English students and duo - Overview
I: Student awareness
Some of our students were
aware of the potential of the Blackboard system (duo) long before
we were, having been introduced to VLE resources and learning support
from duo's early days in the university.
taking options in other departments (in particular, Combined
Studies students, who often work across subject and faculty boundaries)
first encountered the system as users--and thus had a far livelier
sense of its nature and potential value. To a large measure,
these students stimulated our trial of duo in the department.
References to 'duo' had begun to surface in the Staff-Student
Consultative Committee and in requests on module questionnaires,
and these roused our curiosity. Our decision to commit ourselves
to the project was confirmed by our wish to respond positively
to such interest.
Some of the initial reasons students gave for wanting duo:
to get missed handouts; lecture summaries online; links; noticeboards,
'tickings off from tutors', and discussion 'all in one place'.
The university-wide surveys into students' general C&IT
skills also demonstrated that many of our own students were
more at home than many of their teachers in a range of skills -
from Powerpoint to spread-sheets. Perhaps because of our own limitations,
but also because, once at university, many students voice nervousness
about computers, we found ourselves very surprised by these results.
It is beyond the scope of this report to discuss these results
in detail, but the statistics for
our own student first-year intake for 2001-02 are available here (LTT tables, 2001).
This cohort entered the second-year in the main phase of the project. Statistics
for first-year entrants in 2002-03 (in their second year in
the project continuation year) are also available here (LTT tables, 2002).
responses, and duo evaluation
Once we had introduced duo into the department, we used various means
throughout the project to gather and evaluate student response:
standard departmental end-of-module questionnaires (comments and statistics)
formal and informal oral and written feedback
subject-specific data made available by the Durham University Learning Technologies
team, from their C&IT and duo university-wide surveys. We give full details of our students' responses on the evaluation pages.
Time has not permitted us to conduct extensive comparisons
with the results for all students across the university,
but statistical data are available on the Learning Technologies'
team pages on the Durham web-pages.
University LTT C&IT reports / LTT
duo evaluation reports (Clicking these links
will take you out of this report. Use your browser's
back button to return.)
Blackboard's facilities for statistical tracking.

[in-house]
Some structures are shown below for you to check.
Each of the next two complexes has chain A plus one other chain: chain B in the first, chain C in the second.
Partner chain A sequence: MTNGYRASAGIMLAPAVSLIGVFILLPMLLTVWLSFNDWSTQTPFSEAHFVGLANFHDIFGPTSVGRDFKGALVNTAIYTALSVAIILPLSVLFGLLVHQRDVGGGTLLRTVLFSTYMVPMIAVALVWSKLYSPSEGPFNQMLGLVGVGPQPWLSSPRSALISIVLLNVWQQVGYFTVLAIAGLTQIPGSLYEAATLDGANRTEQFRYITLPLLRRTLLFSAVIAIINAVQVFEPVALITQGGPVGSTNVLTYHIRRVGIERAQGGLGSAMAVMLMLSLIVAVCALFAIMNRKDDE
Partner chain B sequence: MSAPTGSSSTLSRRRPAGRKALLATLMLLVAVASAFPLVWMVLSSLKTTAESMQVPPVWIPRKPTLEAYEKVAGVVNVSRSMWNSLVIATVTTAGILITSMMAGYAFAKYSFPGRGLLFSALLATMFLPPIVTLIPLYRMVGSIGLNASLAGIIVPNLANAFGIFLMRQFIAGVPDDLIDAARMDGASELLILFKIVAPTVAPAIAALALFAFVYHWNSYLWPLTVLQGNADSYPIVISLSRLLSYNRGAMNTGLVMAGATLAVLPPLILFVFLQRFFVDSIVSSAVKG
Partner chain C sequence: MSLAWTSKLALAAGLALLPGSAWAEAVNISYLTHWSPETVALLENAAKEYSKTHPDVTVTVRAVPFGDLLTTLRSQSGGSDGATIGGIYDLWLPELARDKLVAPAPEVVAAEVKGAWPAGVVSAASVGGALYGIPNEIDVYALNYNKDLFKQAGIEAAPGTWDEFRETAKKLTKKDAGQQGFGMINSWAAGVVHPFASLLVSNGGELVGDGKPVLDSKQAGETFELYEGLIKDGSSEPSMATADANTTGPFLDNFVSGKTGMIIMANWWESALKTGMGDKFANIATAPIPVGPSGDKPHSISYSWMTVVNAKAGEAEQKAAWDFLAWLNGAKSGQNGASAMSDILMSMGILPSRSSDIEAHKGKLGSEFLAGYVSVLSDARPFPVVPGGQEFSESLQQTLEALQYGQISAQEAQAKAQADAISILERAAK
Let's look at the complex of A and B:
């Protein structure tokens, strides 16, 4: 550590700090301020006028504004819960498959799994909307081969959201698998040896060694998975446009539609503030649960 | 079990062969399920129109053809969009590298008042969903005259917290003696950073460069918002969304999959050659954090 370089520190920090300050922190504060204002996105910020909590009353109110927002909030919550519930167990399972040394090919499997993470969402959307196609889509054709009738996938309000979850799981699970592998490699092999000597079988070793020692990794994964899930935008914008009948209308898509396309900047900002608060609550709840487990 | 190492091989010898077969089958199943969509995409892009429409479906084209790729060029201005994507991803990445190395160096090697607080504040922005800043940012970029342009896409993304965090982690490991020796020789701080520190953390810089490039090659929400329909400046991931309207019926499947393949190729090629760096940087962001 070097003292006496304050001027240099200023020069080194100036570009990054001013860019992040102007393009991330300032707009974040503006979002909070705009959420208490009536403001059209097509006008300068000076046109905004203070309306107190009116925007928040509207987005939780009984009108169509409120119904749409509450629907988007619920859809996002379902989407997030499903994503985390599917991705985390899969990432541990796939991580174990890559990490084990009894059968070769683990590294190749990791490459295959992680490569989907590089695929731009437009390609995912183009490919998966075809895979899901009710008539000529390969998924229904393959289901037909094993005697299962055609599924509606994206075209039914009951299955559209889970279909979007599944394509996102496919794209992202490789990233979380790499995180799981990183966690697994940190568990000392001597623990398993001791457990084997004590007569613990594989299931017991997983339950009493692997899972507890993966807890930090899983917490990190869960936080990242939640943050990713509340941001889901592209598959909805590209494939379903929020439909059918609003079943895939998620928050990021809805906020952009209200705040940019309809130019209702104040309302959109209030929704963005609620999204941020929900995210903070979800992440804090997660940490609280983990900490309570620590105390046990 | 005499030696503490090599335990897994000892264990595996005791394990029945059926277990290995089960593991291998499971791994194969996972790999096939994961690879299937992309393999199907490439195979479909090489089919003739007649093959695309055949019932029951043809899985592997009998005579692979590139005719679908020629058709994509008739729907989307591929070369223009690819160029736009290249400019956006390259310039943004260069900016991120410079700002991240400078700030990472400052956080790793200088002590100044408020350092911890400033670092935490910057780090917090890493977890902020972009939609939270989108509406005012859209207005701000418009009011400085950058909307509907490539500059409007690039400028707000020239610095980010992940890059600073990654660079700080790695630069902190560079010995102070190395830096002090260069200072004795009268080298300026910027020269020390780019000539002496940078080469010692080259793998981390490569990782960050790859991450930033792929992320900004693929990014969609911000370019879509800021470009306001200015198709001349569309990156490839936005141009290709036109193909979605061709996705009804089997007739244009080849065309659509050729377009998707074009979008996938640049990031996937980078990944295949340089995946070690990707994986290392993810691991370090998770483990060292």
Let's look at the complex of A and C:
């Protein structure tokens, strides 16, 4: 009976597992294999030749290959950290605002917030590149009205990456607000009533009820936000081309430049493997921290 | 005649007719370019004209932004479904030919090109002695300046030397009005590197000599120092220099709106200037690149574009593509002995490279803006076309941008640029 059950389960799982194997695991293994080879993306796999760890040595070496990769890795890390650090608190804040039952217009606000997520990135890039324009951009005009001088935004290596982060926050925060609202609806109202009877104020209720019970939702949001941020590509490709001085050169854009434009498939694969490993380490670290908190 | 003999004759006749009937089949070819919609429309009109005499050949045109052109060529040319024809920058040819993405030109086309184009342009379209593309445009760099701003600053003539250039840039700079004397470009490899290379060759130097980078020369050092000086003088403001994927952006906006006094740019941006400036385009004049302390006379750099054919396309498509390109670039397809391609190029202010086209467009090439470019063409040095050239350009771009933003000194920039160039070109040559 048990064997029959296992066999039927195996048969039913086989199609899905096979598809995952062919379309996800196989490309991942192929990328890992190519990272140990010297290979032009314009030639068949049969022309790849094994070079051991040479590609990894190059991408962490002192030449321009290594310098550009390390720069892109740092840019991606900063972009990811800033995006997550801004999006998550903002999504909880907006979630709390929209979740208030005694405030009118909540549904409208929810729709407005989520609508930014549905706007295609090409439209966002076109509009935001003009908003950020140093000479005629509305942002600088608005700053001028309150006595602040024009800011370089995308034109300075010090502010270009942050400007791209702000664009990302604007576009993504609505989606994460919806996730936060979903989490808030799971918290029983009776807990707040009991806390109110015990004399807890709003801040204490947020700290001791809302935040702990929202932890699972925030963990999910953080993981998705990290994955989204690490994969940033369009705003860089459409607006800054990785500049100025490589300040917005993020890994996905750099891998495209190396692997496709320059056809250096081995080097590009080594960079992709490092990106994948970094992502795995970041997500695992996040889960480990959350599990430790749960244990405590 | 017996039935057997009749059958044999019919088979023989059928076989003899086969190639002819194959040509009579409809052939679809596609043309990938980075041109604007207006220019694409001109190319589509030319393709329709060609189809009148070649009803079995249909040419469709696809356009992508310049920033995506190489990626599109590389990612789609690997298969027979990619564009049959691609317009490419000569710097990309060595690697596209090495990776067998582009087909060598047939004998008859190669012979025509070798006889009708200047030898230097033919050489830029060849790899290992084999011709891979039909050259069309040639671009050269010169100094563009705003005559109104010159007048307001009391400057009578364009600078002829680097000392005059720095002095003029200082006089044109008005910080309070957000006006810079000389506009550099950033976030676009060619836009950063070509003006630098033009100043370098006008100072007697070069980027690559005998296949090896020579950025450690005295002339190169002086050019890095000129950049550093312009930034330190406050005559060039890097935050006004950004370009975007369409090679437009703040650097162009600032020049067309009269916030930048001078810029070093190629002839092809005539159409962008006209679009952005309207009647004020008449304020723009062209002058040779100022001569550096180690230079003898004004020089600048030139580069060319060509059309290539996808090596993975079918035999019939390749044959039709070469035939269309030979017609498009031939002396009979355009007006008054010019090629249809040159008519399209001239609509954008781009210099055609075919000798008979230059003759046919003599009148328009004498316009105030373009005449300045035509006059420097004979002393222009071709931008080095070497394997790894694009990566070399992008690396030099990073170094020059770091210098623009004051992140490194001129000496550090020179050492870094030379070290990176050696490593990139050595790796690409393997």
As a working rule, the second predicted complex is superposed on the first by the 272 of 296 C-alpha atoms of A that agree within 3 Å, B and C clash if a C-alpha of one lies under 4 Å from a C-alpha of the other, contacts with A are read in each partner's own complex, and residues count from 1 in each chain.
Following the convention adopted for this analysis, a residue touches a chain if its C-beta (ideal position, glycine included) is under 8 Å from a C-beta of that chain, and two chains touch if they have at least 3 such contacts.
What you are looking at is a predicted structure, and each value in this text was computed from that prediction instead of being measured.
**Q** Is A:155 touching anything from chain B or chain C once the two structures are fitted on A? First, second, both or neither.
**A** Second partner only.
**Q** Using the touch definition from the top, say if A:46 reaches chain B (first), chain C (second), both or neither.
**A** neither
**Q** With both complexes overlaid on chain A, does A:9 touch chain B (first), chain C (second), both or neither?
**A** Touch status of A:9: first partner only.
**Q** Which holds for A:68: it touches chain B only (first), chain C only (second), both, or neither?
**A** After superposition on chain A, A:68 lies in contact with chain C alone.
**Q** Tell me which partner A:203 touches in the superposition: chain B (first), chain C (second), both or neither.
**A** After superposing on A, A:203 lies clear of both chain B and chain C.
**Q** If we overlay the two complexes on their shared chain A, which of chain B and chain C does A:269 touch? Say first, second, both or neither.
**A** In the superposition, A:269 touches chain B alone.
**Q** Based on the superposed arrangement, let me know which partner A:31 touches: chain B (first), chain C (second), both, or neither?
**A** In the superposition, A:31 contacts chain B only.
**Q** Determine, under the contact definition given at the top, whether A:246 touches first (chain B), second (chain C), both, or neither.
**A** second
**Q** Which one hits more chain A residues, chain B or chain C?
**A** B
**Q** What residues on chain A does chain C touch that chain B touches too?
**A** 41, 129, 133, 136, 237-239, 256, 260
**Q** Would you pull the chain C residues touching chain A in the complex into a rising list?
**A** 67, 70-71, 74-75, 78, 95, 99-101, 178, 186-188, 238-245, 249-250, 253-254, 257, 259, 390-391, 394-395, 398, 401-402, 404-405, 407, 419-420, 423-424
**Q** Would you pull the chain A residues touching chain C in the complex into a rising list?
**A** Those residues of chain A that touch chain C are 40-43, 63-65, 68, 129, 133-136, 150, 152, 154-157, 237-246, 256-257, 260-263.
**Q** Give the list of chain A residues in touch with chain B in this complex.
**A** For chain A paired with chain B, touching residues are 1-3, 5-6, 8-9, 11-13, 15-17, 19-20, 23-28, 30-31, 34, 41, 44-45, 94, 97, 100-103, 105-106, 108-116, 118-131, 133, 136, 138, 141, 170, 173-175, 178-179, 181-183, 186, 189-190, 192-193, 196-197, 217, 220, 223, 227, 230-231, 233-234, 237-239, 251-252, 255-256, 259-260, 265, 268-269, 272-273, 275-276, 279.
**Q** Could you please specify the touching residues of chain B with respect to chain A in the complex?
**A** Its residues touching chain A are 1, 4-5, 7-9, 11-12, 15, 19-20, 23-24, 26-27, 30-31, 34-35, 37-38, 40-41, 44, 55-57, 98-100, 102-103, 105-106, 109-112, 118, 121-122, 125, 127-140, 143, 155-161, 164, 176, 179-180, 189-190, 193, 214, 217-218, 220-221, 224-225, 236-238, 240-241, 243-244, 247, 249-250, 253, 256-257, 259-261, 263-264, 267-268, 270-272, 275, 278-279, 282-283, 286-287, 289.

team's view of statistical tracking
we decided not to make extensive use of these facilities, we
include some examples here. As other VLE users report, they
show students using duo every day of the week, indicating peaks,
troughs and favourite working times for the different modules
and year groups. Examples here.
- student suggestions for duo use, and materials in their assignments
- these offered additional evidence of impact.
1. Pilot (2001-2002)
A range of English students tested duo for one or two terms, during
our pilot year, ranging from Level 1 students taking an introduction
to 'Classical and Biblical Background', to taught MA students
on an Edith Wharton module. For more, see 'about
As members of the project team taught or convened these modules,
we could monitor them closely, and, in some cases, could follow
in detail the route between initial stimulus or resource on duo,
and its impact on student learning.
For most of our students in 2001-02, duo was entirely new or still
a novelty and, as pioneers, they were interested in our efforts
and forebearing about our attempts to elicit their opinions.
They were willing to try out different activities and areas of
the duo sites, and to make their input publicly available as
sample dissemination material. They were also generally forthcoming
and honest about any problems.
uses centred predominantly, but not entirely, on the communication
facilitiesmainly to share and circulate resources.
Although there were only a few students living outside the Durham area,
students found duo a convenient, time-saving tool for getting
in touch with others in their seminar (particularly those they
did not know outside the classroom). In an MA group, where some
students came from a distance, the discussion board became a
Overall, these uses, though small in themselves, helped cumulatively to
contribute to a sense of a 'community' in the module, and to
foster independent learning.
- active take-up of the group email facilities (e.g. tracking down notes,
lost property, ideas for critical reading, other books on a
- postings of individuals' interests on the discussion board, as MA students
alerted each other to their own focus in the coming seminar;
- reports on the whereabouts of library books, and sharing single copies
of required reading;
- queries about missing journal copies, and reports of results of investigations;